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A Good Day For A Maintenance Manager

Klaus M. Blache | June 1, 2022

When today’s technology is properly integrated and implemented, firefighting disappears and the world of a maintenance manager is an enjoyable place to work.

Much has changed since I first described a good day in 2016.

As I arrive in the morning, my personalized digital device (attached to my wrist) provides a schedule of today’s activities. Moving toward my desk activates my computer and turns it on and a retinal scan confirms my identity. I see that one of my technicians is printing a 3-D temporary part and another is using a drone to do a roof and pipe inspection. A special 4-D printed part has been ordered that will react to temperature to grow to an engineered larger size, avoiding an expensive disassembly.

Another technician is working on a repair with a cobot that works alongside to hold parts, provide tools, and answer any questions. The cobot collects data for machine learning analytics, prescriptive maintenance, and continual PM optimization. She is using safety/training glasses that provide step-by-step visual directions. Augmented reality helps to add clarity on what to do next.

For work directly performed by the technician, an enhanced ergonomic glove is used to provide additional gripping strength to avoid carpal tunnel injuries. She is also wearing her health-monitoring vest, which includes a movement-collection device for ergonomic analysis and muscle memory training to minimize stresses.

From the Enterprise Management System (EMS), I get a quick overview of production, reliability, and maintenance. Weibull-analysis software generates a chart that shows how much can be gained by improving production efficiencies and reliability. This information is supplemented by a computer-generated verbal summary that can be used in place of or with the charts. The EMS data is integrated with a “learning system” that makes some decisions (within defined parameters) and reports on those decisions, along with the underlying reasons.

Production processes are statistically controlled. As soon as there is evidence of out-of-bound parts, they are corralled for recycling. However, it doesn’t happen often. Any small deviations from cycle time are monitored for each piece of equipment to enable timely maintenance interventions and assure throughput requirements.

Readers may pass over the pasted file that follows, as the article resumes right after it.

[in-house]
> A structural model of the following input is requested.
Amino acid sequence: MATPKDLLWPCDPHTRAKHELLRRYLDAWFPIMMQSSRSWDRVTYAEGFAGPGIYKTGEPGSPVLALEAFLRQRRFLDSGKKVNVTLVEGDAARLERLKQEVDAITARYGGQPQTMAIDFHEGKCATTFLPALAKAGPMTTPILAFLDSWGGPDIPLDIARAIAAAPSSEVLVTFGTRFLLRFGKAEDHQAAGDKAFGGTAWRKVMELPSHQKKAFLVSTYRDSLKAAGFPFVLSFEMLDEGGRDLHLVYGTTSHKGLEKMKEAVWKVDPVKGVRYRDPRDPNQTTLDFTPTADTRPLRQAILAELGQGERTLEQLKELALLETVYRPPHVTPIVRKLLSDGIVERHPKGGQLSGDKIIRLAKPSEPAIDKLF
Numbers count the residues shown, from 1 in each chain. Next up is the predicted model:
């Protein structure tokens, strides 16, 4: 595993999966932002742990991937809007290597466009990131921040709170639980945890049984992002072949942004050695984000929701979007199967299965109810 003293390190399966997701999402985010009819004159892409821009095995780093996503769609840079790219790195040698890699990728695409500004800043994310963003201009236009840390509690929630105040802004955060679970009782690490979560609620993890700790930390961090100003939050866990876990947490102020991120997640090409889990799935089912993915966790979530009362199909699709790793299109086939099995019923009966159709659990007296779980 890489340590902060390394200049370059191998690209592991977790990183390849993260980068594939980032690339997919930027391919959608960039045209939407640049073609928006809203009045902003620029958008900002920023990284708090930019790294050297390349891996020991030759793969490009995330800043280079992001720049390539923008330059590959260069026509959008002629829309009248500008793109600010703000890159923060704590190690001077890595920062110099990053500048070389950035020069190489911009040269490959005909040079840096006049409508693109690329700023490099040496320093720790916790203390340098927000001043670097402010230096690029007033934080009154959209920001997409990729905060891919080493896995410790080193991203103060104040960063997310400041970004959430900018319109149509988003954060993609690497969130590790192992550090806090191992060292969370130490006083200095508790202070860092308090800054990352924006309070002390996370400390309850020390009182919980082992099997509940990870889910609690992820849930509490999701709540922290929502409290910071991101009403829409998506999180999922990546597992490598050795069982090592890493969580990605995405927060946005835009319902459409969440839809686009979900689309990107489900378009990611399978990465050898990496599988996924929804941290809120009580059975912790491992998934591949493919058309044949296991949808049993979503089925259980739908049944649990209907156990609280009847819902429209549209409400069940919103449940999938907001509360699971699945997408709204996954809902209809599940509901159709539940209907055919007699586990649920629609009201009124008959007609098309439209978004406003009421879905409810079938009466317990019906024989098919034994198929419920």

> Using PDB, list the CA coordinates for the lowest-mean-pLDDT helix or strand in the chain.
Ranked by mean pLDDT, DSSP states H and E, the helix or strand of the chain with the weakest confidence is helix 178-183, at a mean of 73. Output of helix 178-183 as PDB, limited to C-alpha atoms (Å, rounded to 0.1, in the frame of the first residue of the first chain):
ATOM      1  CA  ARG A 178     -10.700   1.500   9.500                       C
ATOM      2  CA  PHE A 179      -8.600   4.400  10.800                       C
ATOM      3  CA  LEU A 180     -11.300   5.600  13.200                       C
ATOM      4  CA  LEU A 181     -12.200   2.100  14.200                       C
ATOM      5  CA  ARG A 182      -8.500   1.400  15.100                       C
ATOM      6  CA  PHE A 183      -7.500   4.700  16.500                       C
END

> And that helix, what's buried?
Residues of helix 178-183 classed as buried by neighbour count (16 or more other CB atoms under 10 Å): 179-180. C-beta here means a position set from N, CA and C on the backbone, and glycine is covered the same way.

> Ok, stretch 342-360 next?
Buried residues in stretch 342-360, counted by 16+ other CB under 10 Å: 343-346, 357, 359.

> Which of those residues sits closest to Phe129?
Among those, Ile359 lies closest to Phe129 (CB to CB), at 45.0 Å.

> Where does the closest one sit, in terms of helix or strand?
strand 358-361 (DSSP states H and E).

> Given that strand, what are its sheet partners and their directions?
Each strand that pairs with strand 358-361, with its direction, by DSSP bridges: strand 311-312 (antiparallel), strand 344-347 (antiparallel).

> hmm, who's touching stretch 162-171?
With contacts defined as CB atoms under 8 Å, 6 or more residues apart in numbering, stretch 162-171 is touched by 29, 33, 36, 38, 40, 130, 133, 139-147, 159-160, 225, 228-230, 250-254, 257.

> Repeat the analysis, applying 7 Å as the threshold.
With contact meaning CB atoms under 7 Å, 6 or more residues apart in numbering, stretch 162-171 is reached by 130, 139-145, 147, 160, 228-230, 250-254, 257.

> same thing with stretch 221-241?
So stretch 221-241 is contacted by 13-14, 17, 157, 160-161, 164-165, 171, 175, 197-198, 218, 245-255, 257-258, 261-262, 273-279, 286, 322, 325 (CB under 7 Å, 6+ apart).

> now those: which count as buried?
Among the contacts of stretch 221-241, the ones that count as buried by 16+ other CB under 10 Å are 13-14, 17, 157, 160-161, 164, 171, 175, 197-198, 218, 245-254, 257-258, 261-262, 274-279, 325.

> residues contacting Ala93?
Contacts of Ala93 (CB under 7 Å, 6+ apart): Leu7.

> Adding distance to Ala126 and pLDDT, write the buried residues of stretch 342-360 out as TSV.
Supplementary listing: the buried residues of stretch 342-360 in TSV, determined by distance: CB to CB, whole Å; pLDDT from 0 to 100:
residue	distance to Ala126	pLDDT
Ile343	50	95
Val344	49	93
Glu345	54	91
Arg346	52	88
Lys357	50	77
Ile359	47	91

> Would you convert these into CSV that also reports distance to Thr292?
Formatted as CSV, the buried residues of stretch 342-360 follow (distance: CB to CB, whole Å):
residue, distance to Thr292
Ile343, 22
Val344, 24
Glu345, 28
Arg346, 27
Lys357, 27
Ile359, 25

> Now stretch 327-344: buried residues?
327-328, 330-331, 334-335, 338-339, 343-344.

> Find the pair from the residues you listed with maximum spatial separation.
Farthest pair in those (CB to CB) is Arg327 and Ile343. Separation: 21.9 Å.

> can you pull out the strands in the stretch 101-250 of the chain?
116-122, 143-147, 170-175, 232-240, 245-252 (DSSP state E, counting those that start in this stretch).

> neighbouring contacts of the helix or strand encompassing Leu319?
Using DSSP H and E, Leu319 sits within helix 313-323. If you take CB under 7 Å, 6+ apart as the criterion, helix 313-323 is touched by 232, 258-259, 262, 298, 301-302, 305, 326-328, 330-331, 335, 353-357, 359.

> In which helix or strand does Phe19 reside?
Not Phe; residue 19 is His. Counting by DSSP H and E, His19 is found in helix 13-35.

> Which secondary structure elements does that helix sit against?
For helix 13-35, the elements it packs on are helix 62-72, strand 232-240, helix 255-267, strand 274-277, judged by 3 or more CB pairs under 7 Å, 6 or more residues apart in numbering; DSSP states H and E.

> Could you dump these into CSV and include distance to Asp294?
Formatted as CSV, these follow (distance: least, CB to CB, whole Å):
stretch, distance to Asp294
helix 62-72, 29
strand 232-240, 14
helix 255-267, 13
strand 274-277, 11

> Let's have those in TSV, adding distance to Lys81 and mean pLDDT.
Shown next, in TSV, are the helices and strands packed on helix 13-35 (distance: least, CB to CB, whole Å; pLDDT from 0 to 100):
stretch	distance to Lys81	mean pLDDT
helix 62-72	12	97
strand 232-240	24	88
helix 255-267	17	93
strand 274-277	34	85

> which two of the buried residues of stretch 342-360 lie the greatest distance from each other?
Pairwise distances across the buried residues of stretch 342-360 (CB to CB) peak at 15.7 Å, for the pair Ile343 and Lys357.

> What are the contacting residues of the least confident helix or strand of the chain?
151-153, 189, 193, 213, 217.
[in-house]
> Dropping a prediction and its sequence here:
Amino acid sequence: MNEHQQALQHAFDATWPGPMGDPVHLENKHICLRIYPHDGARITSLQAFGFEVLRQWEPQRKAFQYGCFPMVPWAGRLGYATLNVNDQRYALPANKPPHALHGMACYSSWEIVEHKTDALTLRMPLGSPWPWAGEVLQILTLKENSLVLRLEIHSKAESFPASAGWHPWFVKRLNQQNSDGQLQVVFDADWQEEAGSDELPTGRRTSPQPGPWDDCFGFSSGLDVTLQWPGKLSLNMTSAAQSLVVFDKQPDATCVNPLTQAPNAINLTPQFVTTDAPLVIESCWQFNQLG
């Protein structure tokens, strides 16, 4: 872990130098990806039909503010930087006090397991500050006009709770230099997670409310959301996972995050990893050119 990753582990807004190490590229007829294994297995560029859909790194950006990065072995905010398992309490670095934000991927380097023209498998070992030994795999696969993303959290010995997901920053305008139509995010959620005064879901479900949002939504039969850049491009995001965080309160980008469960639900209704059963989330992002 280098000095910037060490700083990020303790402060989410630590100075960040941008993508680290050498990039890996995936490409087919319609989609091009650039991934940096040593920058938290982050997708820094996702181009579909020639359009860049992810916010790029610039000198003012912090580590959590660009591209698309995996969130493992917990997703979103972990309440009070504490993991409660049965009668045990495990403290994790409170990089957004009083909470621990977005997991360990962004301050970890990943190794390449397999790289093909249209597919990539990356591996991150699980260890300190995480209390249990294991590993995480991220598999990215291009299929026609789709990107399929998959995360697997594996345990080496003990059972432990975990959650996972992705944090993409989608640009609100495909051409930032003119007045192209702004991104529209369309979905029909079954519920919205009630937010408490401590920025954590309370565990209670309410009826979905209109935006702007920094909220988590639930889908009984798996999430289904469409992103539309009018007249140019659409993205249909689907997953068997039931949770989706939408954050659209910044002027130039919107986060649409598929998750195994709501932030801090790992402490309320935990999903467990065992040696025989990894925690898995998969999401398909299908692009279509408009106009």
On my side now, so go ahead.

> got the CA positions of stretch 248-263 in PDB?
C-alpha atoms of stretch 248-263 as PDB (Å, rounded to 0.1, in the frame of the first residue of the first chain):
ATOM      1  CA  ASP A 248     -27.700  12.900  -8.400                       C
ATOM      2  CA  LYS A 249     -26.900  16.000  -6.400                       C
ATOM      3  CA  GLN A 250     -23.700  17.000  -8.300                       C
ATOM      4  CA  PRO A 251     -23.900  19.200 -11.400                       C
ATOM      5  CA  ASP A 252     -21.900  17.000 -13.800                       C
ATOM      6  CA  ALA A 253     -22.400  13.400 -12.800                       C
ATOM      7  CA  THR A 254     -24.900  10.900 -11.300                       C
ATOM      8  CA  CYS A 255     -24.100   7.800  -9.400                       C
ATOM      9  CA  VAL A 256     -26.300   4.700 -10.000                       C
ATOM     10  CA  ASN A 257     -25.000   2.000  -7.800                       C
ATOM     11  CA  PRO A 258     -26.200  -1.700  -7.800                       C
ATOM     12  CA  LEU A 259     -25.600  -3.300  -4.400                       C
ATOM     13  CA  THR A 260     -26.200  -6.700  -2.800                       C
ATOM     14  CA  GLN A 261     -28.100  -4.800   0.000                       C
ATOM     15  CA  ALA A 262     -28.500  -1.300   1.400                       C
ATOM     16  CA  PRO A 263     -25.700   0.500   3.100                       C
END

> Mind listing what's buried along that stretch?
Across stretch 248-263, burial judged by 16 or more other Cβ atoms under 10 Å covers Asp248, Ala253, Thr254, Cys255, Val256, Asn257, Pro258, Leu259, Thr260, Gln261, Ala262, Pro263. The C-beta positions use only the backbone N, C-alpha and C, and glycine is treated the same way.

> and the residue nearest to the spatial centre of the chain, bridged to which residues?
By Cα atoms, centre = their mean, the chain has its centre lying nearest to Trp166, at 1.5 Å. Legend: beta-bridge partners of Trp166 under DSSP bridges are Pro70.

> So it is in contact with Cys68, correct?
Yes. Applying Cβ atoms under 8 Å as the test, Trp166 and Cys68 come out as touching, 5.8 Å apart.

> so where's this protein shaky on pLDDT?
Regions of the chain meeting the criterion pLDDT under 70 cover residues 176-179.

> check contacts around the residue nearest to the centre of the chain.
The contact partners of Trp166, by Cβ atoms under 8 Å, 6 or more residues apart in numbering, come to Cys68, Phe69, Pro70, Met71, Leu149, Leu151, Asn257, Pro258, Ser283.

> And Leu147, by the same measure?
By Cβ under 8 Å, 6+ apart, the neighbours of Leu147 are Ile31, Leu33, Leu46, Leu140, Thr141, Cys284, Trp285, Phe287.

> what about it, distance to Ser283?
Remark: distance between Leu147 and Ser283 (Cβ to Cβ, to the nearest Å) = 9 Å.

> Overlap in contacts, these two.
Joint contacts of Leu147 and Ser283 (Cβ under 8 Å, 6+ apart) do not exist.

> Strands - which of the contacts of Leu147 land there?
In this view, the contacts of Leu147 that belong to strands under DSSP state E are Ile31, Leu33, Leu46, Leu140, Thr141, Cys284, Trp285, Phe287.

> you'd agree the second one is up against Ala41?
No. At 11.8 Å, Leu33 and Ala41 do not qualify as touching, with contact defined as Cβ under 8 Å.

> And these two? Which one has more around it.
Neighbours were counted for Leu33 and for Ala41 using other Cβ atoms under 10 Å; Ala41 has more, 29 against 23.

Maintenance schedules are dynamically integrated with production requirements to schedule optimal maintenance times. Also, since the machinery and equipment are purchased with significant “design-in” reliability and maintainability (R&M) specifications, optimal MTTR (mean time to repair) times are optimized.

An R&M simulation calculates the potential impact of the level of Design for Maintainability (DfM) for major assets. Purchasing is responsible for life-cycle costing which is measured as asset life-cycle performance. Asset providers are selected based on best historical MTBF (mean time between failures) and reliability growth performance. Once a week, the global continuous-improvement team meets virtually (using 3-D imaging to view all participants) to make decisions using data and recommendations from the learning system.

I wonder how they used to do it. I’ve heard stories from my grandfather about large backlogs, high levels of reactive maintenance, sporadic use of predictive technologies, and excess inventory. It’s hard to believe that anyone would run a business that way. EP

Based in Knoxville, Klaus M. Blache is director of the Reliability & Maintainability Center at the Univ. of Tennessee, and a research professor in the College of Engineering. Contact him at  kblache@utk.edu.

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Klaus M. Blache

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